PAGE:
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Consultation Tips from 6 of the Top Cosmetic Injectors

SNOB BLOG

Welcome to the Industry Interview Series

In an industry that sees annual double-digit growth, it’s important to stay needle-sharp. So, who better to learn from than some of the best aesthetic professionals in the business? That’s why Job Snob’s new Industry Interview series will focus on getting answers you need from aesthetic professionals who are at the top of their game. 

This week we sat down with some of the best cosmetic injectors and asked how they approach consultations with new patients. These injectors have honed their skills through years of experience, and they were kind enough to share how they keep their consultations on point. 

Our Panelists: 

JS: How do you approach a full facial assessment with a new patient? 

Dr. Jason Emer: It’s important to do a full assessment of the patient’s skin and overall concerns at the first consultation.  We address the face in a very strategic fashion: 1. Skin texture, 2. Color and tone 3. Skin laxity (or looseness), 4. Movement & lines, and 5. Volume loss.  Each area has a specific treatment that can give a comprehensive result.  For example, skin texture, color, and tone can be treated with peels, lasers, microneedling/PRP, skincare and facials. Volume loss is treated with Sculptra and/or fillers or fat grafting.  It’s important to emphasize a proactive long-term maintenance plan about aging rather than retroactive one. Most treatments we have to improve the skin will NOT reverse age but will slow down the process and improve previous damage (like sun damage or scarring).

Kim Welch: I always start with the mirror in the patient’s hands. I use the guideline “listen before you speak”. Asking questions about what they see can tell me 90% of what they need, past experiences, and patient expectations. I will then ask, “What is your favorite facial feature about yourself?” That will guide us into accentuating their best quality, which sometimes means working on other areas that might be distracting us from that area. For instance, if their best feature is their eyes but they have distracting 11’s (glabellar lines), then I will explain how softening the lines in between their brows will bring more attention to their eyes.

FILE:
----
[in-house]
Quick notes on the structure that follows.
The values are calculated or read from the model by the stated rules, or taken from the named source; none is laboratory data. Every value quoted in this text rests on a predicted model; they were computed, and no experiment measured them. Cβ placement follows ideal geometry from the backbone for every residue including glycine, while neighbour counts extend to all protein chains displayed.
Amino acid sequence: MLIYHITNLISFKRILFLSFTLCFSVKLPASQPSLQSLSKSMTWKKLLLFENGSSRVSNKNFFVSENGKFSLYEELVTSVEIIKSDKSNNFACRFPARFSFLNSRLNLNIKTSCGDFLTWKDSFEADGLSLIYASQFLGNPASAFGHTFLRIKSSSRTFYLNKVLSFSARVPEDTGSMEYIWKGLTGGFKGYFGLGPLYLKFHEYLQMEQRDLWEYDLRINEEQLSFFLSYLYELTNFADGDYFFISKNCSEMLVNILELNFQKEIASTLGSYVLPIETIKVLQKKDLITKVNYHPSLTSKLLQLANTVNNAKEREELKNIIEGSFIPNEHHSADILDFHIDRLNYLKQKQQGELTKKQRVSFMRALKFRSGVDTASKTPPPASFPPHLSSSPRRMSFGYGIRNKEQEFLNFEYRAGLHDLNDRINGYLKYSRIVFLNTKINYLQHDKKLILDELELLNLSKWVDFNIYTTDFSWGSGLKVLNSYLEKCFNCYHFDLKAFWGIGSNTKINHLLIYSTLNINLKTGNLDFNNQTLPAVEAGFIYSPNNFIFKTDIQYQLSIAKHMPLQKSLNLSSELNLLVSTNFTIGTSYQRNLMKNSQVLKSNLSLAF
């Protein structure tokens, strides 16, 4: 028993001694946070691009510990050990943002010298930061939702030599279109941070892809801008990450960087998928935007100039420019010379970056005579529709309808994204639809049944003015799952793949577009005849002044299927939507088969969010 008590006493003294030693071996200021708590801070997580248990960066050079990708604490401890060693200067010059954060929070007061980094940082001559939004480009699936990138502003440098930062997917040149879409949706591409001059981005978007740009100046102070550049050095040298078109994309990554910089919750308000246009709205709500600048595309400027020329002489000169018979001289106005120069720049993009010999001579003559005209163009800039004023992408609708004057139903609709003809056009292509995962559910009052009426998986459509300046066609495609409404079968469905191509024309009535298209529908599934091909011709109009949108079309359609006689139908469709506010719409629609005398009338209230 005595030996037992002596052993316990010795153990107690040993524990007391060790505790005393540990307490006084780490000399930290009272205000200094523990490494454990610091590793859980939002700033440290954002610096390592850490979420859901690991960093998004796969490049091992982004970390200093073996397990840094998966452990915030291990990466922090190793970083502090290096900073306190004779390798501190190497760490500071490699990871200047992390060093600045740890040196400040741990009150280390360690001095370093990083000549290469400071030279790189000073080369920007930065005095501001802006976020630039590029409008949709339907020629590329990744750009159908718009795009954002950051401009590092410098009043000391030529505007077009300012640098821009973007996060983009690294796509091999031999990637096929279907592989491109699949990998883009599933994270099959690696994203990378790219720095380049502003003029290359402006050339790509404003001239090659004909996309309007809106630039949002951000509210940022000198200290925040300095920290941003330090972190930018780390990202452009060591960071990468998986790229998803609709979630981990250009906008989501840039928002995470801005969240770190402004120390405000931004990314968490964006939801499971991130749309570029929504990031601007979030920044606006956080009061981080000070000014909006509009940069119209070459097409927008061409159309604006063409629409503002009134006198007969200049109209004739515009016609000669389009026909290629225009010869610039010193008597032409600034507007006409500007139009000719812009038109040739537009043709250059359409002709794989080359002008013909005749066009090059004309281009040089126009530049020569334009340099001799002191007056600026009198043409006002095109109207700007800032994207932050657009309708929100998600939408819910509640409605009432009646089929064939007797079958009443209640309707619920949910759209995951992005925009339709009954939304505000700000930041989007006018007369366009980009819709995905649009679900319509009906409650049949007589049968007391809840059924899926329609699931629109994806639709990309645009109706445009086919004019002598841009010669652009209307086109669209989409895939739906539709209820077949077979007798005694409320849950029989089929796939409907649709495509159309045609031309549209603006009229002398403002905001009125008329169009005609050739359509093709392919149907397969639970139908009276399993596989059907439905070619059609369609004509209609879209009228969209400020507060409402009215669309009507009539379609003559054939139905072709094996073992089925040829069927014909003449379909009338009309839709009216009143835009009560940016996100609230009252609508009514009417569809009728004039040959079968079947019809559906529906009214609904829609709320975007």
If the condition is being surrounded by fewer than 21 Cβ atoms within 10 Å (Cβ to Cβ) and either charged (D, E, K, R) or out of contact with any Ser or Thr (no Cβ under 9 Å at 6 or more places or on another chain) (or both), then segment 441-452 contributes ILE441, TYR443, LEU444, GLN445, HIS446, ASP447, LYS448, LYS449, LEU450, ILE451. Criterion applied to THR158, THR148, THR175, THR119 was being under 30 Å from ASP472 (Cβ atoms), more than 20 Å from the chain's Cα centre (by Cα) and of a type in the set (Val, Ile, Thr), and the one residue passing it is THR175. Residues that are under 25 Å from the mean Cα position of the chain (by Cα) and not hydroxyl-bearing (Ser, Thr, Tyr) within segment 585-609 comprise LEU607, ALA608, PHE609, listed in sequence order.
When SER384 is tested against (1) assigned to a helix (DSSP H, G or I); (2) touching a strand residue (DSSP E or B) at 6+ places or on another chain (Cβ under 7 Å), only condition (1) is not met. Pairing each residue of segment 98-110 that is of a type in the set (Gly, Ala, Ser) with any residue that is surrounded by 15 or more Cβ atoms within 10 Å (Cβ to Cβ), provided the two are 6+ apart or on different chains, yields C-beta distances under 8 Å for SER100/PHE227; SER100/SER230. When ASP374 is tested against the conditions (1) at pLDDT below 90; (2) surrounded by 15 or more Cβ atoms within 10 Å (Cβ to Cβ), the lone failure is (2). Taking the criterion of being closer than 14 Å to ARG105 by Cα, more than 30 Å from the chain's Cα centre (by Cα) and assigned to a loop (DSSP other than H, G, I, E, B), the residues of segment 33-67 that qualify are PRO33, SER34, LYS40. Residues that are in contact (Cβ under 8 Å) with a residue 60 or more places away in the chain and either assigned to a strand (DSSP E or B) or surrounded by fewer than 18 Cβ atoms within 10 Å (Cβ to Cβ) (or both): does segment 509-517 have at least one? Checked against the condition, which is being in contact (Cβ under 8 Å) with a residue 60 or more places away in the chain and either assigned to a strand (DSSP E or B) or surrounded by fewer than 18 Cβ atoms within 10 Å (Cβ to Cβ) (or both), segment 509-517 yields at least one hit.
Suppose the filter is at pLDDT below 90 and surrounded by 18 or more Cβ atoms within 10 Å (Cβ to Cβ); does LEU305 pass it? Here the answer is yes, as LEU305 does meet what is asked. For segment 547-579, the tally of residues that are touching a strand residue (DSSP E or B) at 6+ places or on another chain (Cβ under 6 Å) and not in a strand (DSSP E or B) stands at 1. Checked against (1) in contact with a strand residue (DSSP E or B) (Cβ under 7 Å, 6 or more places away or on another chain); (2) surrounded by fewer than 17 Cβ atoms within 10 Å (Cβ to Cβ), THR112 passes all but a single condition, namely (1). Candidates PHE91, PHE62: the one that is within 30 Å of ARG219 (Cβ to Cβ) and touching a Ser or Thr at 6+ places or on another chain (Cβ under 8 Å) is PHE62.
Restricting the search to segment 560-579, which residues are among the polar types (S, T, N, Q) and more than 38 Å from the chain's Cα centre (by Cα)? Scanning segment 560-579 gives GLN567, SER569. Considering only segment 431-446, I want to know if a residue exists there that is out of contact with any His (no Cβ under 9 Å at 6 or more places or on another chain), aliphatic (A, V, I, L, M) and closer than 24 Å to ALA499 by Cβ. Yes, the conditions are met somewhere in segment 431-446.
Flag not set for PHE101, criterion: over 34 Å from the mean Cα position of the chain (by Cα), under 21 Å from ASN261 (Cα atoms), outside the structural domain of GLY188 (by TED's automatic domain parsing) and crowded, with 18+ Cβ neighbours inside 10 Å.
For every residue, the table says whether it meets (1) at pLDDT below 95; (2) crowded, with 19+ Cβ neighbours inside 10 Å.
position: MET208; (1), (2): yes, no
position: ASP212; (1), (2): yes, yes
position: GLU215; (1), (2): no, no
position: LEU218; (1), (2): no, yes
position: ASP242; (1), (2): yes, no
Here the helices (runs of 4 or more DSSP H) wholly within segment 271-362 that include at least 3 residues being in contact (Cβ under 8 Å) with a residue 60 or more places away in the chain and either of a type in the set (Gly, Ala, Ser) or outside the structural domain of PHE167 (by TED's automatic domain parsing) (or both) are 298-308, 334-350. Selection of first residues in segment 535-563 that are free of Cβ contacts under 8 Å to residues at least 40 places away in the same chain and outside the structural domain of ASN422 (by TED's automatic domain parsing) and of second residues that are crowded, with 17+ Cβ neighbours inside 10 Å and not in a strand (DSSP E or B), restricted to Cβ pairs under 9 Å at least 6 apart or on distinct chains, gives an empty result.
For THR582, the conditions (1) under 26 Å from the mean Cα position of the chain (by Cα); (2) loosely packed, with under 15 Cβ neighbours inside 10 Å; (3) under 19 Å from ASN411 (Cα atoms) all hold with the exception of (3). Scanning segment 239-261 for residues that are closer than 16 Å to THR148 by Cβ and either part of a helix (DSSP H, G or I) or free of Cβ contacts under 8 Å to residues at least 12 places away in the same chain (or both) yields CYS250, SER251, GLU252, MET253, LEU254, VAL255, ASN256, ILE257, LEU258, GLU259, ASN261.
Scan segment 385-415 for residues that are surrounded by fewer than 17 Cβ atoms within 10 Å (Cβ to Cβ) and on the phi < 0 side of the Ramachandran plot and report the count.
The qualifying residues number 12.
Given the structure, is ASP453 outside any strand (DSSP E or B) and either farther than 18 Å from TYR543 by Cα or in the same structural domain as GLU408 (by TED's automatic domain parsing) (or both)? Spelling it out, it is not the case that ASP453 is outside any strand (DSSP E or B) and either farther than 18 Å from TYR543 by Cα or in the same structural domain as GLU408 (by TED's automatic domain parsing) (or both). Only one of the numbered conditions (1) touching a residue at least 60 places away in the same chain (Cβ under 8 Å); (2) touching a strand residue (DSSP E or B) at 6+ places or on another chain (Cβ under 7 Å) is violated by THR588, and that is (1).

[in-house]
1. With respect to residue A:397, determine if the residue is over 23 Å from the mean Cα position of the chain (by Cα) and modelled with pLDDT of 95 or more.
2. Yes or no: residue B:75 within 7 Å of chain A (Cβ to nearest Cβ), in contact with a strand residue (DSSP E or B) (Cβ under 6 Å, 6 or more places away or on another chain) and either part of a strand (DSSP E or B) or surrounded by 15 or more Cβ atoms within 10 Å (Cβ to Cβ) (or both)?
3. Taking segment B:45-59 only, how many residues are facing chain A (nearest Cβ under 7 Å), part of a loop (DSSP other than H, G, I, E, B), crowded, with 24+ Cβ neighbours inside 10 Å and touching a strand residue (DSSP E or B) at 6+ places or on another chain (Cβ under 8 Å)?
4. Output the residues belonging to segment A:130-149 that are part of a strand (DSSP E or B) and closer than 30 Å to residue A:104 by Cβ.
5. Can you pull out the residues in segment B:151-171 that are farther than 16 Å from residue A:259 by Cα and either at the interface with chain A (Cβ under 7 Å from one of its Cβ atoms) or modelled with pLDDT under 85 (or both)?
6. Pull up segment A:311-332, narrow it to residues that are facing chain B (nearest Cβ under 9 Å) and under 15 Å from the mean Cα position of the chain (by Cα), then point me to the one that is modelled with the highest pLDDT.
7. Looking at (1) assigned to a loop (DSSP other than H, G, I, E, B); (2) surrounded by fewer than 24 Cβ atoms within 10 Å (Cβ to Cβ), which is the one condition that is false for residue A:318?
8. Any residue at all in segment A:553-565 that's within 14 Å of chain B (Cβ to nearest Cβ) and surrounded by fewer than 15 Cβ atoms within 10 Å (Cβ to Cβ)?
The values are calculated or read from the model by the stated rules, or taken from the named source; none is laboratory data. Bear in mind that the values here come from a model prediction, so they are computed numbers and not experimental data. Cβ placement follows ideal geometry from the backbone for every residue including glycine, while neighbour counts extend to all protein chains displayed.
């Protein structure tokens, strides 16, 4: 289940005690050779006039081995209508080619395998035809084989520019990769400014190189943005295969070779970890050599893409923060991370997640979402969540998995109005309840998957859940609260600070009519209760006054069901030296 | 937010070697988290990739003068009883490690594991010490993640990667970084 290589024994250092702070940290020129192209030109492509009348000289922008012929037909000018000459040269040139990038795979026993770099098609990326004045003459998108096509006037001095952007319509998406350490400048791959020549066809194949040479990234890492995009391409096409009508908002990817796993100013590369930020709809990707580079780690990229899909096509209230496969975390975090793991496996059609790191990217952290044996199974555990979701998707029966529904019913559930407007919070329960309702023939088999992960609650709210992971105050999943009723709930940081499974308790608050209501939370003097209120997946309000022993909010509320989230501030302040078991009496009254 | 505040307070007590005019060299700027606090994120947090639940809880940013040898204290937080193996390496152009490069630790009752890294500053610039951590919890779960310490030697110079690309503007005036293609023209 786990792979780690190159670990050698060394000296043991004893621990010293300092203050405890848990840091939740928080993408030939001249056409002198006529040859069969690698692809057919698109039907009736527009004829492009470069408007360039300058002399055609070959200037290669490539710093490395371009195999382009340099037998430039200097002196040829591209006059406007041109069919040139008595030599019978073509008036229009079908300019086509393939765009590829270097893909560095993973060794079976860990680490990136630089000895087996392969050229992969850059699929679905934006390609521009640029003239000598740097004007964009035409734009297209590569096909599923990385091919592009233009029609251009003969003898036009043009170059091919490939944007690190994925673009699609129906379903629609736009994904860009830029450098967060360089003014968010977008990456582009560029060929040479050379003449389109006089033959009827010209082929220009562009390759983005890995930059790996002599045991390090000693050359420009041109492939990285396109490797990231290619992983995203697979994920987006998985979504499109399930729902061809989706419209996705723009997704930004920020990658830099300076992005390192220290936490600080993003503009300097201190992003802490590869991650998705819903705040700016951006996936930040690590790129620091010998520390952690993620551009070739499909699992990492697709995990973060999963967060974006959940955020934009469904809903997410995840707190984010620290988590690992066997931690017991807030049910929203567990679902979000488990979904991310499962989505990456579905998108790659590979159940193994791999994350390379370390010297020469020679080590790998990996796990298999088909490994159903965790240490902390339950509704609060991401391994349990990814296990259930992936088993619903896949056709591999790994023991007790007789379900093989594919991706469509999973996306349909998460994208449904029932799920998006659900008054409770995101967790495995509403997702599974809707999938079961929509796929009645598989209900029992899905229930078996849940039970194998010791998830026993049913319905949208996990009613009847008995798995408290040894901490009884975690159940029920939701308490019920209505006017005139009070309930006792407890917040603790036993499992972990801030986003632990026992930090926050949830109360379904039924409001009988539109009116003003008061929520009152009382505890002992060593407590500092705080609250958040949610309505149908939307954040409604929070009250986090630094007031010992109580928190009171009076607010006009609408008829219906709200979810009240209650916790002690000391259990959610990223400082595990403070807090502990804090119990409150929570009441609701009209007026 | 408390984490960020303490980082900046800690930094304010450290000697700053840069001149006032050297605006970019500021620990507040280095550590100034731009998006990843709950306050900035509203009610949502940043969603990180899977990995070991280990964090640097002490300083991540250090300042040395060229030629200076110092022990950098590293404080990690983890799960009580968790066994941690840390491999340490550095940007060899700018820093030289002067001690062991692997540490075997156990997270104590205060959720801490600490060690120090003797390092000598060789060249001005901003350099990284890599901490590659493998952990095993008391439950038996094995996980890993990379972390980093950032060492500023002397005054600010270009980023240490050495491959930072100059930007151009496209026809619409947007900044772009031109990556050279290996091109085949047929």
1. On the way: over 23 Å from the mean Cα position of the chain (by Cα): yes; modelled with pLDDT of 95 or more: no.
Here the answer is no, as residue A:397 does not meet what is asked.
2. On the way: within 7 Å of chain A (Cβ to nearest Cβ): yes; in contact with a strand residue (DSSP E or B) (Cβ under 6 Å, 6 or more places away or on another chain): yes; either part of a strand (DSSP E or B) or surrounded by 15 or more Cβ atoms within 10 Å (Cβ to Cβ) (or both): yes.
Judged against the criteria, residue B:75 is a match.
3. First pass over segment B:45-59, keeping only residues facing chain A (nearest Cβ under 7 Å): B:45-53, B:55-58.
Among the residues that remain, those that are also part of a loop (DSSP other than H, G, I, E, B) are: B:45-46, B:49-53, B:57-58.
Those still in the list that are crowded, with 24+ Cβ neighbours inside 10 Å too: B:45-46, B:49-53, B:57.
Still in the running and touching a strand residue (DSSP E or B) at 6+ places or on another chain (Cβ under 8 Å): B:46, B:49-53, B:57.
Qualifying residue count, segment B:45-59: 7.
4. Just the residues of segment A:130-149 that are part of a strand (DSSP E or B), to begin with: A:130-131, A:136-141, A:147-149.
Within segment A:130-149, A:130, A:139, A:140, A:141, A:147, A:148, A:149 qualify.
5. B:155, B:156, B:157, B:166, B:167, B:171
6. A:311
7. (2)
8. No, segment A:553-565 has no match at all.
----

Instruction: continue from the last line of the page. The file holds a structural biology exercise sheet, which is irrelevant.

Misty Shedd: I love having new consults and getting to know the patient and what brought them in that day. 

This time gives me the opportunity to play detective – I watch their movements, the way they scrunch their face when they talk, ask how they sleep, and understand why we see what we see on their face.

Rand Rusher: I explain a patient’s face to them before I touch them, and I show how the face is asymmetric. The left side of all of our faces is flatter and wider while the right side of our faces is higher and a little fuller. I point this out to the patient and it usually freaks them out, but it also says, “I know faces”. I try to convey to my patients that it’s the differences that make us look beautiful. I’m not trying to make their appearance “perfect”. If you do what’s right for the patient, they’ll come back to you for the rest of your career. 

Neekan Rivera: I like to look at the patient’s “before” photos objectively before I walk in, which has been really helpful. This gives me time to look at their anatomy and create a plan before I see the patient in the treatment room. I have found that if I’m prepared going into the room, I’m more effective at developing a plan for the best result.  I also often ask for patients to bring a photo of themselves from a few years prior so I can assess how they have aged and try to achieve a natural outcome that is true to their anatomy.

Pinky Elliott: I always try to educate patients on anatomical changes over time and how that affects our appearance, rather than focusing on “aging”, which may (unfortunately) have a negative perception. For example, when a patient first comes to me in her 30’s, I can speak about gradually treating volume loss before it becomes more pronounced. If someone is in her 20’s I might discuss where we are able to predict future volume loss, even if we aren’t treating that issue yet. If she’s in her 40’s, I may address the best way to build back some of the volume that has been lost, without creating an unnatural result. It’s also not uncommon for my recommendation to be no treatment at all if someone truly doesn’t need it. Finally, my consultations focus on balance and symmetry versus treating areas in isolation

JS: When putting together a new patient treatment plan, what should every injector keep in mind?

PE: I make sure to do a thorough review of medical history and make sure they are a good candidate for everything I might recommend. I always create a plan around what is going to provide the best outcome for the patient, regardless of the financial implications. If the patient’s budget is a limitation, we can plan to treat them over a longer period of time, and still get a great end result. I make recommendations around skin quality and texture that compliment what we are doing on the injectable side. Finally, if the patient isn’t a good candidate or has underlying issues that I can’t address, I will refer to a surgeon, Naturopath, or other specialist better aligned with their needs.